Success Stories 1

When I list a campaign on the Board Game Badger, I reach out to the publisher to ask them a single question: “What are you doing right in this campaign?”

Regardless of whether the publisher meets the funding goal, it is important that we realize real people are working very hard to make games for us. I hope to humanize their campaigns a little in this way.

Remaining Agile

“I think the most important thing we are doing right now is running an ‘agile’ campaign by constantly communicating with our backers and potential backers, and then making adjustments to cater the project to a larger audience wherever possible. We have folded some of our stretch goals into the main package to increase the value of the main package. But then we also created new stretch goals because those are important to many backers.”
Andrew Parks, Quixotic Games


Experimental Markets

“We are now only learning how to Kickstart a project, and we are happy with how it is going. But of course, we want much much more! We have a lot of backers from Russia, and we are introducing Kickstarter to our Russian customers. We have 70 shops and half a million loyal customers over here, so sure, we could only publish the game in Russia and be happy with sales, but we are experimenting – trying to find customers outside our existing market.”
Dmitry Kibkalo, Mosigra


Dedicated Communications

“When it comes to Kickstarter, we are basing our projects on a lot of research and communication with our community. Exodus: Event Horizon is doing well, perhaps even better than we anticipated, because we have a loving community – it is an expansion to our most successful base game – and, we hope, also because we have round the clock communication with our backers. We avoid saying no to any ideas thrown our way. Finally, the hours of research we put into building the campaign seem also to have paid off.”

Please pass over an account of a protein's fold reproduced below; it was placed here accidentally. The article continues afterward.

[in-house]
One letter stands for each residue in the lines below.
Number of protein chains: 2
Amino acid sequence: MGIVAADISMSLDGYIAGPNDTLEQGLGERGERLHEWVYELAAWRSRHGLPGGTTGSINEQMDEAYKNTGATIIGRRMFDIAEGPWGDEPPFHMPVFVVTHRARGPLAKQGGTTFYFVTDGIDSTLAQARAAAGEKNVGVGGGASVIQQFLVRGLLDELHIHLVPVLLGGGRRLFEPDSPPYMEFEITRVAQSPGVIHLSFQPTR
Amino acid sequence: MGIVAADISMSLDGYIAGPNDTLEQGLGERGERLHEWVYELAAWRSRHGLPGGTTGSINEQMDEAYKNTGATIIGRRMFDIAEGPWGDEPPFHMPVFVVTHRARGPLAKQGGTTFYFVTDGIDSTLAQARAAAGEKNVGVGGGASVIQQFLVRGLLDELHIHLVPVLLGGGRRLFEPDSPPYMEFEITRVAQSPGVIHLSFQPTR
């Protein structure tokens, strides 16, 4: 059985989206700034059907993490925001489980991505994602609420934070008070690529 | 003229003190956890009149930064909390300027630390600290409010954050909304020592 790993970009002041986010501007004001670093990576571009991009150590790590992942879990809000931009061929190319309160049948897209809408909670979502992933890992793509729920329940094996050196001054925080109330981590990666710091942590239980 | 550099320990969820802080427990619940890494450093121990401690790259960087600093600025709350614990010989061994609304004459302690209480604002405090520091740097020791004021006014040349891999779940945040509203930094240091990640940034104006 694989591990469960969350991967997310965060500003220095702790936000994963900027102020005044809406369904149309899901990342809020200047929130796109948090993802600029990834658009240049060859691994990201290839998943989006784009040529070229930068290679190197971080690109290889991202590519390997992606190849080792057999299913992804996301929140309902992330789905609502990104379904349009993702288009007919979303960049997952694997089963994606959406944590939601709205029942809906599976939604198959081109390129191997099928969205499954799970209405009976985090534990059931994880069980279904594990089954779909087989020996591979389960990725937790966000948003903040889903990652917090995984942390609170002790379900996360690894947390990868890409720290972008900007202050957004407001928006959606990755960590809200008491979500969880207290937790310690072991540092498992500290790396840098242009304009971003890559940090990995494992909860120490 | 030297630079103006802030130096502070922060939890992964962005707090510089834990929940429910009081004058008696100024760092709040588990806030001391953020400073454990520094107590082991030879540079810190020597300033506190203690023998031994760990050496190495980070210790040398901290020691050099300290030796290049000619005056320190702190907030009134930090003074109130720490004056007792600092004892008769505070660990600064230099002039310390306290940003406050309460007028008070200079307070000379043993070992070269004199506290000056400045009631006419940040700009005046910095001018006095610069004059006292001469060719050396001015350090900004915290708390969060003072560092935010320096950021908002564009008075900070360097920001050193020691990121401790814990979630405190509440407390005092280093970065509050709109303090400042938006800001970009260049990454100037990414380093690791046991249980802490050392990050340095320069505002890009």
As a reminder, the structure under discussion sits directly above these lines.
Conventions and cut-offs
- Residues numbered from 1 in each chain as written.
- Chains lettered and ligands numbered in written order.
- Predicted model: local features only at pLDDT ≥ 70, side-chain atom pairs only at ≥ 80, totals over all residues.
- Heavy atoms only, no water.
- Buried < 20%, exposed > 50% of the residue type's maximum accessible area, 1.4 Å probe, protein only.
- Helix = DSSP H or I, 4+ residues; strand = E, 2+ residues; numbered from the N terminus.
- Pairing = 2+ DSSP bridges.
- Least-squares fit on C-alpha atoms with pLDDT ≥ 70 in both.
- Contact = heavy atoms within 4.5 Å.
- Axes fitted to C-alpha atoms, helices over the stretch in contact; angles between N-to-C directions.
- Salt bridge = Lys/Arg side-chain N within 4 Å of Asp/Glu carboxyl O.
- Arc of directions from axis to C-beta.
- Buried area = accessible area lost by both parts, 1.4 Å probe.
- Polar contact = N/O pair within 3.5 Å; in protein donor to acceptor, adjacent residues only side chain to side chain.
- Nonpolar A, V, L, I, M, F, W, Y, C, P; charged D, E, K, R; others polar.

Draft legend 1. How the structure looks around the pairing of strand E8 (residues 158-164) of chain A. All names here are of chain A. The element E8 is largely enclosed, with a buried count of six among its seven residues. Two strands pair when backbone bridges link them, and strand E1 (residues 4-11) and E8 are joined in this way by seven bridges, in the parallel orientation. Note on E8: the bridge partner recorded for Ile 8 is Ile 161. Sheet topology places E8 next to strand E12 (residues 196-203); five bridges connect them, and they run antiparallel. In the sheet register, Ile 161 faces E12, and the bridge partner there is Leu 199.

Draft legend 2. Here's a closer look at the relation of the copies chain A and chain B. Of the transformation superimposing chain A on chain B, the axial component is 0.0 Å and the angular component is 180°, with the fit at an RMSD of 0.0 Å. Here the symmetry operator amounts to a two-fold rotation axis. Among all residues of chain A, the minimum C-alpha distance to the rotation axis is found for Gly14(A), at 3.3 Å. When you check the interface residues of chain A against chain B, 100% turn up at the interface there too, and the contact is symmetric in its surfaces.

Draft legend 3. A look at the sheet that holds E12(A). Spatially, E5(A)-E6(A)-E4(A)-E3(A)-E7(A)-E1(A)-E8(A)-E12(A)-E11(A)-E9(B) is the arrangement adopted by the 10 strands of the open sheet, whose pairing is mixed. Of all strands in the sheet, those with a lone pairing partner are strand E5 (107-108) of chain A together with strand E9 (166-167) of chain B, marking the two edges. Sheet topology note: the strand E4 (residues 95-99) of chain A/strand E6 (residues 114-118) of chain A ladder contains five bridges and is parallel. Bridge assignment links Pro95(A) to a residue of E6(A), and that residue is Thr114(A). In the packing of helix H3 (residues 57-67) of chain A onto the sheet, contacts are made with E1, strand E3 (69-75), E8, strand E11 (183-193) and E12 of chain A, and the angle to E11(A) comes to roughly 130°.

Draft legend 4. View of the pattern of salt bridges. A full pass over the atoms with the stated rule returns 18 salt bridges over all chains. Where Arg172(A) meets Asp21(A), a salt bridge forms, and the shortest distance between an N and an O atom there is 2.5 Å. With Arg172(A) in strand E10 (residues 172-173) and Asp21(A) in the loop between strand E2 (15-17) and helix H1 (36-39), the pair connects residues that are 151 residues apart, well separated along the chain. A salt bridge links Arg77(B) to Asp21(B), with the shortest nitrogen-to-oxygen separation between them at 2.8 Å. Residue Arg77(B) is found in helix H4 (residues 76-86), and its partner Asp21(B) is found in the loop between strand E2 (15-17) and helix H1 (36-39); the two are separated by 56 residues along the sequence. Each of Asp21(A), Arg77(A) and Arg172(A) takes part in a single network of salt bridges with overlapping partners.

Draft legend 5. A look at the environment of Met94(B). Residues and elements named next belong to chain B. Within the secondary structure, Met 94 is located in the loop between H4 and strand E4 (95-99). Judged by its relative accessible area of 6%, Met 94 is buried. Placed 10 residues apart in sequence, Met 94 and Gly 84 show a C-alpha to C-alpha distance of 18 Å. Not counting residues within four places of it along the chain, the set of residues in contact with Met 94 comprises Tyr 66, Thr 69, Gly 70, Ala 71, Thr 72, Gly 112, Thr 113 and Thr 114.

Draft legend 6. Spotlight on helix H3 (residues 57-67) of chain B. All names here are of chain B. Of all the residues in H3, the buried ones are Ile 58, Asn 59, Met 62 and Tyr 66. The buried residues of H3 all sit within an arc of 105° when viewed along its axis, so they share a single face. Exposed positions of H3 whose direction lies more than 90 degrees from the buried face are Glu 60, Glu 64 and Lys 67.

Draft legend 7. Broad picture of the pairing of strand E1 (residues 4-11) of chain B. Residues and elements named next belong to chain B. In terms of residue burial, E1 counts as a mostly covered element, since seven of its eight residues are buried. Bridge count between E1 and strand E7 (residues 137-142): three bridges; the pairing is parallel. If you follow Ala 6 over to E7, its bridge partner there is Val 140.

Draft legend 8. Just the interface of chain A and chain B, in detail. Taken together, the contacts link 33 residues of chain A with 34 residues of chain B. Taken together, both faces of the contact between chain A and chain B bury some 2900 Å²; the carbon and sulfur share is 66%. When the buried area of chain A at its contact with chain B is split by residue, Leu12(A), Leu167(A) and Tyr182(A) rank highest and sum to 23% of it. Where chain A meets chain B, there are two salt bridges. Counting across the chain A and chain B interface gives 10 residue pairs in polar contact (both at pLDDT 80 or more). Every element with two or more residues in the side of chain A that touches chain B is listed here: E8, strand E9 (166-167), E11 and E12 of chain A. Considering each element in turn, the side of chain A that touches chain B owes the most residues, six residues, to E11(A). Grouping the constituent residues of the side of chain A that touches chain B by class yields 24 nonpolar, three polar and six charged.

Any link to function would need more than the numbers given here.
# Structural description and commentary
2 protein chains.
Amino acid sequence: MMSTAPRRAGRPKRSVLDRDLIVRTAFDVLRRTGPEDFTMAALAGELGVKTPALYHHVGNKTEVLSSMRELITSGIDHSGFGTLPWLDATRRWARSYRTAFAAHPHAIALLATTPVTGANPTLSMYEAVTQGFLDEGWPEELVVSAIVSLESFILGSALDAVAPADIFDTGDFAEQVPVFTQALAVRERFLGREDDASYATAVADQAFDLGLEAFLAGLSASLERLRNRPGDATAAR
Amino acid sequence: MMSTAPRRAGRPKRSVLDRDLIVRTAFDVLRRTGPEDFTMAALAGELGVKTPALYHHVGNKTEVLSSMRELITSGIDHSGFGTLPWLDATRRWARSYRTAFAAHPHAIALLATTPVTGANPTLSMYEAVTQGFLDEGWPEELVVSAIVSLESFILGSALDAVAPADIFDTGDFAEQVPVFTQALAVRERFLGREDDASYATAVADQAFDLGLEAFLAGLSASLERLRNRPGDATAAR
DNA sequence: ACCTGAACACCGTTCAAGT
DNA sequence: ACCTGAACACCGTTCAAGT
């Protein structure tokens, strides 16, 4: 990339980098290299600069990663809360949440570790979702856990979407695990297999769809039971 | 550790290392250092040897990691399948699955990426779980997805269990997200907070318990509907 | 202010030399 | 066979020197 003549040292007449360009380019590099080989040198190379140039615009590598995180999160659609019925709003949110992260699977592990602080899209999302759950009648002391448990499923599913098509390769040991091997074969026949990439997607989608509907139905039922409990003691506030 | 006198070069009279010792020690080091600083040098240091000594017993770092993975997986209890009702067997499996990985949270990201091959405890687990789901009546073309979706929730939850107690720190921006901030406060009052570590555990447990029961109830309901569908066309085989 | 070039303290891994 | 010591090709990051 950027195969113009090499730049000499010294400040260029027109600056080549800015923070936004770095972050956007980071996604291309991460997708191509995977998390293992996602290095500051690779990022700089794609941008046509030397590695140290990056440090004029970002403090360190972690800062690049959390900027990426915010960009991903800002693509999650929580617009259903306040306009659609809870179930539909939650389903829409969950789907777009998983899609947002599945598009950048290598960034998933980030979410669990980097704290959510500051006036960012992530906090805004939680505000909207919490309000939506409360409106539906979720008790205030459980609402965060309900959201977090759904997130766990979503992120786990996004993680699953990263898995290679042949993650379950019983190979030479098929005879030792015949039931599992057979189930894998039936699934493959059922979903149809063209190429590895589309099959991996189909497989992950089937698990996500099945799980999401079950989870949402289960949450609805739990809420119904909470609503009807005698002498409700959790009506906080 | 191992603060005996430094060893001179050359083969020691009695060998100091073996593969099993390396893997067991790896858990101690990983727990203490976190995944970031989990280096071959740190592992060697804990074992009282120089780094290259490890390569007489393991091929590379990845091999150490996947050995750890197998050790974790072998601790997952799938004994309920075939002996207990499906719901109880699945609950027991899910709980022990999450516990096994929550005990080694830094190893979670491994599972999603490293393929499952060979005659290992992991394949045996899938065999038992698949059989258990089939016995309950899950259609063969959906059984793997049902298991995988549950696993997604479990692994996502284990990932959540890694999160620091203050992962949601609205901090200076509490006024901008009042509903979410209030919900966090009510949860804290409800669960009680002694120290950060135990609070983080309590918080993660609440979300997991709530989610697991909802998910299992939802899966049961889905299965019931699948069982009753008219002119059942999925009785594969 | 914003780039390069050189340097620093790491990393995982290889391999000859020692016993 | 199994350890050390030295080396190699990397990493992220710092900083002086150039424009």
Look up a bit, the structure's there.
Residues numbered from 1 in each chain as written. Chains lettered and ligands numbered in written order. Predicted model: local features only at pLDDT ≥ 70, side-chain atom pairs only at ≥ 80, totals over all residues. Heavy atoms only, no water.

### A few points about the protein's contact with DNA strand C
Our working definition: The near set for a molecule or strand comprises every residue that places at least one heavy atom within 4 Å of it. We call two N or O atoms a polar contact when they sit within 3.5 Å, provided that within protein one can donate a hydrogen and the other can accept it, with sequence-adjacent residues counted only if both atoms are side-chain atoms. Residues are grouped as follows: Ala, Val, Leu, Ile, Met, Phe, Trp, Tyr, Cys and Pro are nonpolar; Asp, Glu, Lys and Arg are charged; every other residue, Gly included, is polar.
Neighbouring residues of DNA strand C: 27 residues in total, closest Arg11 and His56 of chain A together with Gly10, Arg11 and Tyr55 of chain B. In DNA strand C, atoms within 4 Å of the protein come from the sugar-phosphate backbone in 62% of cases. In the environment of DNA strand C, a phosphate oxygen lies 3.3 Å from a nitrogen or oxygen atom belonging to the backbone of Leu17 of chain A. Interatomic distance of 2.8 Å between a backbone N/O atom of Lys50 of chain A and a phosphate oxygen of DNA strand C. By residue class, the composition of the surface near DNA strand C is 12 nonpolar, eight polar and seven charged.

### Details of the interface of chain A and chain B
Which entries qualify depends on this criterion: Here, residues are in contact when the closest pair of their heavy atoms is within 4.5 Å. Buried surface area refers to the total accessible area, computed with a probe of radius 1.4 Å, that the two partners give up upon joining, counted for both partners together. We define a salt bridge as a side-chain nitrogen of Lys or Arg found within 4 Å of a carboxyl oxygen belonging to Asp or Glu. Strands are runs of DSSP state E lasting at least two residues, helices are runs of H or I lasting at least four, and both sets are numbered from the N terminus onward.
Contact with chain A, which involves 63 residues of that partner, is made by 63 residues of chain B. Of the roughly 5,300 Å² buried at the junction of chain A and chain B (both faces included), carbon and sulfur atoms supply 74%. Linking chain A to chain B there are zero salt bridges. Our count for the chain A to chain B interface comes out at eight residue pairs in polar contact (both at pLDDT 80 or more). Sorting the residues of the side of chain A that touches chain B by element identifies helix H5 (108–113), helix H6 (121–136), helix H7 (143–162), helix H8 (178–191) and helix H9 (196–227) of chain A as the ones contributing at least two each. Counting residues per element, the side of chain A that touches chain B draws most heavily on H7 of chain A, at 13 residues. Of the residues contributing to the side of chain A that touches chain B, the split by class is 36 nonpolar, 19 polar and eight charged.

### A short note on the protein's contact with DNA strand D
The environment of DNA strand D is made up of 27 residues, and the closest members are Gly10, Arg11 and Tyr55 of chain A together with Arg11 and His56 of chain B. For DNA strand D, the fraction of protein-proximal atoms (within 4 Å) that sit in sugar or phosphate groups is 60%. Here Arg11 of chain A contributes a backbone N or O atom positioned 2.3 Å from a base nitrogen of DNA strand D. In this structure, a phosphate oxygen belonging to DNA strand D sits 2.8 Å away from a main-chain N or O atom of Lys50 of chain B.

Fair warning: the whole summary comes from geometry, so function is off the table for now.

Andrei Novac, NSKN Games


Minimum Viable Product

“We believe one thing we did right with this campaign is the price point. We successfully subtracted ideas and components from the game without affecting the core game to offer it at an attractive price. From the start, our goal was to create a game for $9 on Kickstarter. Making the game footprint smaller allowed us to cut on shipping cost too.”
Dan Kobayashi, Ninja Star Games


More than Money

“The best way to push the “right” button is to press all the buttons you can. So we went to every place, traveled a lot, and talked to everybody. Some listen, some don’t. Your voice has to be loud, but also transparent and honest. Look at it from the other side. If you could see you as others see you, what would you like to hear? What’s unexpected? What is the best way to make a new friend? People hate businesses, and they hate to shop. What they love is to own! So give them that, something that they can treasure… that experience that will last more than money.”
Victor Aleman, The Grid Game



Daniel Zayas

Daniel Zayas is owner and curator of this website. He has been ranking Kickstarter game campaigns via the Board Game Badger for three years. Daniel runs a consultant business via this website as well. Feel free to reach out to him in the links below.

3 comments

  1. “Minimum viable product” is good, but there is definitely a balance. You don’t want to remove something that makes the game stand out.

  2. I agree with Mark but still I think some people are getting fed up with game prices driven up just because of fancier and fancier components but game play that can fall flat.

    • I understand your concern. One thing that you should still keep account of as a backer is to check for trusted third party reviews, or better yet, watch the full gameplay video before being gobbled up by the way a game looks.

What do you think?